Both researchers mentioned that the sense of smell tends to decrease as people age, so systems of self-monitoring — such as breathing into cupped hands, or sniffing under our arms — often fail around the seventh decade of life.
"I am confident there is less odour in a healthy 80-year-old than a healthy 30-year-old," Preti went on. "But when you introduce disease or disability it gets more complicated. Believe me, I take care of someone who has had a series of strokes. That is a very different thing."
Nonenal and its sweeter-smelling cousin, nonanal, are aldehydes that were discovered in the 1920s. They've been used in small concentrations by the scent and flavour industries ever since.
"Nonanal, which is also found on the skin of older people, is called aldehyde C-9 in the perfume industry, and it was one of the magic ingredients that made Chanel No. 5," says Craig Warren, an odour consultant and former vice president and research director of the fragrance science division of Internationals Flavours and Fragrances.
"It's possible you find these aldehydes more in Japanese populations than in Americans," he said. (Preti also proposed that Japanese subjects might have higher levels of nonenal from eating fish.) "But I'm almost 80 years old and I've spent my life in odour research. If someone told me I had a particular smell I wouldn't take offense, I'd want to do something about it."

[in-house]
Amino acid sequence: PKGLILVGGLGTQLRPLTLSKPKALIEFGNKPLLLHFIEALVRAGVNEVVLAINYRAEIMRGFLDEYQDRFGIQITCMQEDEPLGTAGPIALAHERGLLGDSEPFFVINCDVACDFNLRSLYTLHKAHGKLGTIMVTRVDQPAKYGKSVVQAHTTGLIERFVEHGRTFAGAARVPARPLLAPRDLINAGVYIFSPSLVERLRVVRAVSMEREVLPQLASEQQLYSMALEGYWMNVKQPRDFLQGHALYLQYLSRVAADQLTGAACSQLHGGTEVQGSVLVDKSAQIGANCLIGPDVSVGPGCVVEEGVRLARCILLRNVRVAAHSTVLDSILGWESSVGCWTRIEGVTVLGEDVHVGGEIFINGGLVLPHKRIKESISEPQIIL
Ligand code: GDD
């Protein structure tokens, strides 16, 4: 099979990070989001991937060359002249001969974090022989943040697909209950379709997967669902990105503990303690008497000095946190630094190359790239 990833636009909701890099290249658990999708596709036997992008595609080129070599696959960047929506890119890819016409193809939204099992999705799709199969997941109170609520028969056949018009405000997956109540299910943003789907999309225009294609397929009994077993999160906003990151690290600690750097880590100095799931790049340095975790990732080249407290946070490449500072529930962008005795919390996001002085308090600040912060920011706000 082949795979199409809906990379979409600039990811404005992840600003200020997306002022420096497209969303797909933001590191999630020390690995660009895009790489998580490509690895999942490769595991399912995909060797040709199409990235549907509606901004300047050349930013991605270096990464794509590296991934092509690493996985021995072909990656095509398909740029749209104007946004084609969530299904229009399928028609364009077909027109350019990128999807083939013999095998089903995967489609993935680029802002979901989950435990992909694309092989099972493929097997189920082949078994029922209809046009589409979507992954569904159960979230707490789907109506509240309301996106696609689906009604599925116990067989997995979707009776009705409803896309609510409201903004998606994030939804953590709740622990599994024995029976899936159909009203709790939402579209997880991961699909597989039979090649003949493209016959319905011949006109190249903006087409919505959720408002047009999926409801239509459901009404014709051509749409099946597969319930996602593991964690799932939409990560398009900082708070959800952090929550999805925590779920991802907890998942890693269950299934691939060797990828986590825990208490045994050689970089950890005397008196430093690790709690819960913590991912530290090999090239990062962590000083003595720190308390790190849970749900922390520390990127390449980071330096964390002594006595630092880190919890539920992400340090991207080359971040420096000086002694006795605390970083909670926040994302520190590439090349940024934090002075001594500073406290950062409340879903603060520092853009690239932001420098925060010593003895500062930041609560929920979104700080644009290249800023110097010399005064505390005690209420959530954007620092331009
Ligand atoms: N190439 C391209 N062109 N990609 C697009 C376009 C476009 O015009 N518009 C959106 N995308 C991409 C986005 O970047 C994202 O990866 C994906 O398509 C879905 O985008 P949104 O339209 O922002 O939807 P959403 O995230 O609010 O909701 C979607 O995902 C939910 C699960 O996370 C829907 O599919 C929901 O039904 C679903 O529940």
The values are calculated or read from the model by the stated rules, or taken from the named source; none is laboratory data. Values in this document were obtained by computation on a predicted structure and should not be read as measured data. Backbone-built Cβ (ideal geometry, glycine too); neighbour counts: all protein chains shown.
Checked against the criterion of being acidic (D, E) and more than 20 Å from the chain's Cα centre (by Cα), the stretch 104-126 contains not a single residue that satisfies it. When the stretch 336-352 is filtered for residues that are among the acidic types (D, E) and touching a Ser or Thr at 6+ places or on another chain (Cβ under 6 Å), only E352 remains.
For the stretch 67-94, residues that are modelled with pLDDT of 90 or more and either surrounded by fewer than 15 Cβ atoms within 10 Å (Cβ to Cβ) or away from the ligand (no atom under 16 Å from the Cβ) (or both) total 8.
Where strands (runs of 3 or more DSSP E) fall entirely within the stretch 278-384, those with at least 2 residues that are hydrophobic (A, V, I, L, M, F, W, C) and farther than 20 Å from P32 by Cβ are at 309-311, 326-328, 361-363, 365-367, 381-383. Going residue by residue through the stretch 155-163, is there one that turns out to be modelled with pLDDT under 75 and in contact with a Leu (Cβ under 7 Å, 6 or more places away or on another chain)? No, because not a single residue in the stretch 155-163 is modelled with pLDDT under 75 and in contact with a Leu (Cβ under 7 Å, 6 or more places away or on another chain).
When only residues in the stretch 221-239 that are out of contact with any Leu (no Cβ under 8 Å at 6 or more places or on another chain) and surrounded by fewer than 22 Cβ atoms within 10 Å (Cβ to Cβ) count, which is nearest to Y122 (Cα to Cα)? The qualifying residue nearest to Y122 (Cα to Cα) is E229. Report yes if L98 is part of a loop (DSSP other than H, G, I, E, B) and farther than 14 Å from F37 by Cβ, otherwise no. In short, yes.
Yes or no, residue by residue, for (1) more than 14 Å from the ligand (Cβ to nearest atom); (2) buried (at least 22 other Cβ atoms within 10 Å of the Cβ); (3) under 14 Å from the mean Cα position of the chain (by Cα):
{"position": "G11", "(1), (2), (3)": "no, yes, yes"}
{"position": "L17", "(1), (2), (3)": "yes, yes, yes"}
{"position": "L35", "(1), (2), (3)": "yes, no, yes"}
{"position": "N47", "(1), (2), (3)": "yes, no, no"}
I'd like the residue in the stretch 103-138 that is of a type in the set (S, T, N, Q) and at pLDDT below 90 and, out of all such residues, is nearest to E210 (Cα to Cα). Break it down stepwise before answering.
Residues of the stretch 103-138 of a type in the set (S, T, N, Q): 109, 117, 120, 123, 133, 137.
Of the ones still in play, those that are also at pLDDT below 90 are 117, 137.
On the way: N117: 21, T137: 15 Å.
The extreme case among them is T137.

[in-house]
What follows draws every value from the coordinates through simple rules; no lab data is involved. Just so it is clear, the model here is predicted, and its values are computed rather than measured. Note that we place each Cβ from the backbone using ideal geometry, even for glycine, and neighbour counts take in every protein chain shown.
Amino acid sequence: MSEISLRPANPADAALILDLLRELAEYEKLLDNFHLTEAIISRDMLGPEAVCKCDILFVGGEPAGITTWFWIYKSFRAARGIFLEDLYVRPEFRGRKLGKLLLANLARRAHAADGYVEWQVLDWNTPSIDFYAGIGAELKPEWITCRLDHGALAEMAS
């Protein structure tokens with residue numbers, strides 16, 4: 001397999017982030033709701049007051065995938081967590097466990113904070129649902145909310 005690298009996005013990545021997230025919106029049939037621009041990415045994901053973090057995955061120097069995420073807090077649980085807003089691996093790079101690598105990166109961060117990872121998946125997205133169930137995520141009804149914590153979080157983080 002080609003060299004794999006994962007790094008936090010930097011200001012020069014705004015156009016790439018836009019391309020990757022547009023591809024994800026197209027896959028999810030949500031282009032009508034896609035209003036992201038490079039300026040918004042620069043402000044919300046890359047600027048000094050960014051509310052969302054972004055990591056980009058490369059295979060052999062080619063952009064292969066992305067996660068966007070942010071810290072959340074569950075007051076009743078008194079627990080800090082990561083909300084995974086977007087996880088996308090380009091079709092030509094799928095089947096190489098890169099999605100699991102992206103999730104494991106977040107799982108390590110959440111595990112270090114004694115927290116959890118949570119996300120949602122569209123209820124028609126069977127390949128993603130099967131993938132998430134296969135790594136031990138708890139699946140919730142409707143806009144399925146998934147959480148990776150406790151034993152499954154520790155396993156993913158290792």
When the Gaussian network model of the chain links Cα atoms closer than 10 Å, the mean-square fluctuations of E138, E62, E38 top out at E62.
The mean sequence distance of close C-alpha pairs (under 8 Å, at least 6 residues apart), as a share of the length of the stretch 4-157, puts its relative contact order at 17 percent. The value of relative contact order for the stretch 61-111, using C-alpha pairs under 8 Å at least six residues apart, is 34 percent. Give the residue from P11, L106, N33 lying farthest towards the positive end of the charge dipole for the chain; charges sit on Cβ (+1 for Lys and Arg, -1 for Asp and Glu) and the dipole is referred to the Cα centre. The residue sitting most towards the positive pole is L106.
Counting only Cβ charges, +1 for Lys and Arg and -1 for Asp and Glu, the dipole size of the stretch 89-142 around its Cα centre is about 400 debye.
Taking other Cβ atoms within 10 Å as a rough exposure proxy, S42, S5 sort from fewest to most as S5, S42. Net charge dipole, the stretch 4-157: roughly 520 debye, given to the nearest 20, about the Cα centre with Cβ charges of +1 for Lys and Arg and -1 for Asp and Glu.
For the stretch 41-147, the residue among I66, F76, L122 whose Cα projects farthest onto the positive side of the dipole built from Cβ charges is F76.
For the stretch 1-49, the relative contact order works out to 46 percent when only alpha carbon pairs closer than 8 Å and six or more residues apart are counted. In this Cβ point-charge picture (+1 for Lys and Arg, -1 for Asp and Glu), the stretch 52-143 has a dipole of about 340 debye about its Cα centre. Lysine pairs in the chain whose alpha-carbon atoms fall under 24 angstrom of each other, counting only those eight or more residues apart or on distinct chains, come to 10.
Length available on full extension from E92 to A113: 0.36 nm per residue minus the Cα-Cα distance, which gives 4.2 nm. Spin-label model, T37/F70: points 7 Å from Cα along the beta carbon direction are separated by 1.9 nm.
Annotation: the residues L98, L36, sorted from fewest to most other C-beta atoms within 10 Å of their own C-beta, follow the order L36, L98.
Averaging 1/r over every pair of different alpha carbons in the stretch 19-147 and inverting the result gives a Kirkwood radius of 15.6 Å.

A new method for odour masking may provide the key. Warren works with an Illinois-based company called Belle Aire Creations that has developed technology to bind a chemical masking product with a distinctive odour, forming a larger molecule that is non volatile — meaning it will no longer escape from a surface and into the air.
"Nonenal would be a perfect candidate for this malodour masking technology," Warren says. "But to my knowledge no one is asking for a product to counteract this smell. The market is not driving a need."
It's possible that the topic is too sensitive for an American company, Warren says. The manufacturers of feminine hygiene spray have received complaints of sexism, so health and beauty corporations may be leery of provoking older consumers.
For now the best advice for combating age-related odour is simply to take care of yourself and your home: exercise, stay healthy and hydrated, eat clean food, open windows, launder clothing and sheets.
And don't worry about it.
I recently stopped by the home of the friends who had stayed at my house to return a few things they'd forgotten. They made tea and as we talked I noticed the same funky, sweet strawberry smell. But in their homey, pillow-strewn living room, it did not bother me.
Context, I thought. In that respect, Lundstrom was right.
Written by: Ann Bauer